Using the materials I've had success with so far, that includes:

  • Deck construction constraints - you don't HAVE to follow these for a raised platform railroad, but I highly recommend it for stability and longevity. Click for bigger picture.Sinking the posts at least 24" into the ground for stability and to get them below central Ohio's frost line.

  • Making sure the 2"x6" joists never have a span longer than 6'.

  • Making sure the 2"x6" frame pieces never have a span longer than 6'

  • Making sure the 2"x6" frame pieces are no more than 24" apart (so my 2"x6" decking boards don't get "springy." If I was using 5/4" decking boards, the frame pieces would have to be closer, say 16".)

  • Making sure my joists and frame do not protrude beyond the last post more than 12"

The other non-negotiable is that I wanted a minimum of 10'-diameter curves so I could run my longer pieces. Unfortunately, this DOES mean that there will be an area within the curves on one end that I won't be able to reach with my feet on the ground. Still, there are a dozen ways around that, which I will hopefully get to later this year.

How Big Should the Last Platform Be?

Keeping the factors above in mind, I also wanted the platform to provide a backdrop to the pond, so it will wrap around a bit.

The following graphic shows one possible solution that keeps all of the above constraints in mind. You'll notice immediately that the posts aren't all in a straight line, etc. That's partially a result of working around an existing structure and partially the result of wanting the shape of the railroad to seem more "organic."

One possible approach to finishing the last platform. Click for bigger picture.

In the graphic, the construction and right-of-ways that are completed are shown in gray. The joists which will support the frame are shown in black. The frame boards are shown in brown. The big fat dotted line, of course, represents the proposed right of way.

I could make it a bit smaller, such as shown below. It would save digging several post holes and cut down on materials, but it would reduce options for accessories and operations.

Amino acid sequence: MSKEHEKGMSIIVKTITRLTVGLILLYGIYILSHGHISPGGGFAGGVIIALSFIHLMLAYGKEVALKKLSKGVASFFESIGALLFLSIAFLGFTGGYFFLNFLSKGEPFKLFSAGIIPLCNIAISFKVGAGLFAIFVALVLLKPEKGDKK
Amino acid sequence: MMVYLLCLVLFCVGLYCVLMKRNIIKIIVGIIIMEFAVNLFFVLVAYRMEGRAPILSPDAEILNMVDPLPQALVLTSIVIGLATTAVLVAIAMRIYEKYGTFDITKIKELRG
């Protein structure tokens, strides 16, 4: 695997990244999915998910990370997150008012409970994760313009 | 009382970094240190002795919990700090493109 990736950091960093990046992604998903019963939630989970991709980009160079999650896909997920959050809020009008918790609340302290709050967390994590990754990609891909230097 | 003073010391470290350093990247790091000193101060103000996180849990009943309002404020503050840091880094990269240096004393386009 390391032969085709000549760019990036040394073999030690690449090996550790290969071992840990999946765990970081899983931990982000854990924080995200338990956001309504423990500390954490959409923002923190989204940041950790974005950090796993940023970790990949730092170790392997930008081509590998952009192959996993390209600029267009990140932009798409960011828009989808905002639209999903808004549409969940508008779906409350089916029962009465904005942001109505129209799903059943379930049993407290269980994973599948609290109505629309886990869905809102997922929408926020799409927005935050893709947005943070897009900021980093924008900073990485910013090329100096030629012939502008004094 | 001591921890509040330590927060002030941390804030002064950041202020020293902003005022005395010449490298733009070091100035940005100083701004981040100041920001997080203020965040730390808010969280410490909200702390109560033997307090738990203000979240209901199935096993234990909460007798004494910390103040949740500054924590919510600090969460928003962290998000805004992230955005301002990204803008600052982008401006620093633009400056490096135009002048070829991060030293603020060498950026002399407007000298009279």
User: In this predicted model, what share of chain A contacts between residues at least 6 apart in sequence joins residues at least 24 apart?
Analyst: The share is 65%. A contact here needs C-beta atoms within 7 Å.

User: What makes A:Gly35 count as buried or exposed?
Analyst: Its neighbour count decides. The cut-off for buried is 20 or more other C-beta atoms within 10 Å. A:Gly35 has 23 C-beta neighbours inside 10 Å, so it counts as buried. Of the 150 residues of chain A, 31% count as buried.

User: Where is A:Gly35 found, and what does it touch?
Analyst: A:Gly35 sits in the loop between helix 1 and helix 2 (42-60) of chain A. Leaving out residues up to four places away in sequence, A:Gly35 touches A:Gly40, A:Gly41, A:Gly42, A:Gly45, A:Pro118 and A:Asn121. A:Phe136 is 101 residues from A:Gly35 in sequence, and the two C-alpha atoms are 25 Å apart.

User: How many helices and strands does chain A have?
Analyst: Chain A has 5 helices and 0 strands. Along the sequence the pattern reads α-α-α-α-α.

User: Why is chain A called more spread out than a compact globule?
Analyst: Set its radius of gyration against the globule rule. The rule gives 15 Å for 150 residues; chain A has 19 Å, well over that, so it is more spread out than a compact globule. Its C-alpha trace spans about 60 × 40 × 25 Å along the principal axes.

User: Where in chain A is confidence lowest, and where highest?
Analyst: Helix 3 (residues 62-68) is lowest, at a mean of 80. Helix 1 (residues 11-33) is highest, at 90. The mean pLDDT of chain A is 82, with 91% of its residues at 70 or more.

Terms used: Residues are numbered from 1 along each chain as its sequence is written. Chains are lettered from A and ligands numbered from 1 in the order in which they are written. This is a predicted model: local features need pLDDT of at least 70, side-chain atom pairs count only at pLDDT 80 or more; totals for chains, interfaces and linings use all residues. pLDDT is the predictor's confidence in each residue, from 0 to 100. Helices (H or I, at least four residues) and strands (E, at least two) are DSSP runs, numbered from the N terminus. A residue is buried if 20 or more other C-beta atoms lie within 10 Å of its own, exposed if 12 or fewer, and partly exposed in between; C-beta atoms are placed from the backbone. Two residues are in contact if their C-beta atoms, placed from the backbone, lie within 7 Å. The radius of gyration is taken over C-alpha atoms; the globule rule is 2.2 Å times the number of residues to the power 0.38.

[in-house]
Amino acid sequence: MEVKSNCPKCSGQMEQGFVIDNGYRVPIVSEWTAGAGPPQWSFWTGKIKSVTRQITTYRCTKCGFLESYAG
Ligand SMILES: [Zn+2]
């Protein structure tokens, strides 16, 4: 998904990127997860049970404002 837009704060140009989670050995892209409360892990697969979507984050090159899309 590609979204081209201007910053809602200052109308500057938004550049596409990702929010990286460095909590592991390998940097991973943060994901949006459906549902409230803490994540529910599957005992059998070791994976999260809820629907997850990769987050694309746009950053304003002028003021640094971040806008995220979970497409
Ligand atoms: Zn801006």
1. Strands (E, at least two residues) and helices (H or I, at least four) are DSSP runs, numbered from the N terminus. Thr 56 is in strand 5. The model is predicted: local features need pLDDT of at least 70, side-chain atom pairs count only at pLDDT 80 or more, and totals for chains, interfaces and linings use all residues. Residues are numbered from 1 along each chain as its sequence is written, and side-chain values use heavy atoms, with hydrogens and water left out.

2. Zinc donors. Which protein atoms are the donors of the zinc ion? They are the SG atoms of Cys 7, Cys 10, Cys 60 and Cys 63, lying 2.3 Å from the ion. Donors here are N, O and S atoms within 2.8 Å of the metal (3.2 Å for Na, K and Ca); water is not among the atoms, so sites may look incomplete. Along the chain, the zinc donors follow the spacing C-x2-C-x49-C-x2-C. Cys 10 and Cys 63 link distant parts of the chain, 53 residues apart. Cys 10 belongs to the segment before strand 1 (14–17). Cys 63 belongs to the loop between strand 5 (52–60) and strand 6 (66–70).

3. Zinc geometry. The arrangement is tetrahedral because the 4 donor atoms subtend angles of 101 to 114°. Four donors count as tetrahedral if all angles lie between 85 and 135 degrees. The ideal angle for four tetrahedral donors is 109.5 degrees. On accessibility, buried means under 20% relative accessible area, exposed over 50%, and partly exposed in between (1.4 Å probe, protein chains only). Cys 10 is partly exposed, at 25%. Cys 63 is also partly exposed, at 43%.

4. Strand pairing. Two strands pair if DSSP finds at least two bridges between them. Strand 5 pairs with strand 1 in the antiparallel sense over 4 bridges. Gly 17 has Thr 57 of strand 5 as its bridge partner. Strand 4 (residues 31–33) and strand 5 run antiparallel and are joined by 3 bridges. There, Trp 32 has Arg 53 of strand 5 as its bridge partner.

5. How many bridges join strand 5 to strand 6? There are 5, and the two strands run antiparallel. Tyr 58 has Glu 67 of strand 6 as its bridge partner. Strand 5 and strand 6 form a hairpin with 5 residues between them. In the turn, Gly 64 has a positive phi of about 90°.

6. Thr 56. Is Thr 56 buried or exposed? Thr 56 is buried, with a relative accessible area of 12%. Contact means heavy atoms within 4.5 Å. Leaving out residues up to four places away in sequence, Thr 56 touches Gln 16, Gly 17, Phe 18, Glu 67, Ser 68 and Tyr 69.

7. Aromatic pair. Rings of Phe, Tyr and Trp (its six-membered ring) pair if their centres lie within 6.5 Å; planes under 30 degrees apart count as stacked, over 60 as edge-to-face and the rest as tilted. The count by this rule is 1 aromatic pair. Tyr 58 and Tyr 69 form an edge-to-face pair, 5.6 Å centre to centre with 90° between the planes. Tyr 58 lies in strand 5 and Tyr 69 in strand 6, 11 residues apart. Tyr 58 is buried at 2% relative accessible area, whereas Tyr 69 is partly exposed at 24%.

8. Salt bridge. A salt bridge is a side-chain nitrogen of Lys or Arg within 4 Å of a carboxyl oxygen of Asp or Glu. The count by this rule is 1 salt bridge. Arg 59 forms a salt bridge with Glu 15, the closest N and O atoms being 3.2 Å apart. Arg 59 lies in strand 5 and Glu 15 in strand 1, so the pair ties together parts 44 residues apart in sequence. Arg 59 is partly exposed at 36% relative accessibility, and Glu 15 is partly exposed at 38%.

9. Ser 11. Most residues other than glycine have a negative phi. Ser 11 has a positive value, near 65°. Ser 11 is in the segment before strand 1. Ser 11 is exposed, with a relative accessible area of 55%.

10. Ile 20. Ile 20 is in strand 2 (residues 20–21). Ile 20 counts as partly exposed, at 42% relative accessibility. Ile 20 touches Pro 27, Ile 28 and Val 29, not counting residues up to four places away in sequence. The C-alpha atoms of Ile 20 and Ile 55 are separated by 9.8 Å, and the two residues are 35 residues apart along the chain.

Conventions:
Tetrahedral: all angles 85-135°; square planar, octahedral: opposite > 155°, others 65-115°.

A smaller version of the plan shown above. A smaller version of the plan shown above.  It would save digging several post holes but reduce options for accessories and operations. Click for bigger picture.

The east-to-west measureent (top to bottom in the pictures) can't get that much smaller because the right of way still has to wrap around the existing structure. In addition, the platform has to be at least 11' deep to support my 10'-diameter curves.

So any real shrinkage of the plan would affect the north-to-south measurement (left to right in the picture). But the truth is, we have plenty of room in that direction. Since this is the last piece of the last outdoor railroad I ever intend to build for myself, I'm inclined to think that having that extra few feet going off to the right would be a good idea. Maybe I'll start on the end I know I'm going to build and see how it goes. :-)

The big version shown two drawings above would give the lower loop a maximum of about an 80' right of way, which would allow me to run long trains without the effect of the locomotive chasing the caboose. I will miss the "train going away and coming back again" effect we had on the modified dogbone of our old railroad (which had about 160' of right of way). But, again, I won't miss the maintenance.

Making the Grade

One thing not evident from the photos or the plans is how much the yard slopes between the eastern and the western edge. The western edge of the railroad will be between 6" and 10" further off the ground than the part I've built so far. That's actually a benefit, since it will bring the right of way closer to eye level for most of our young visitors and add some variety for the rest of us.

Keep in Touch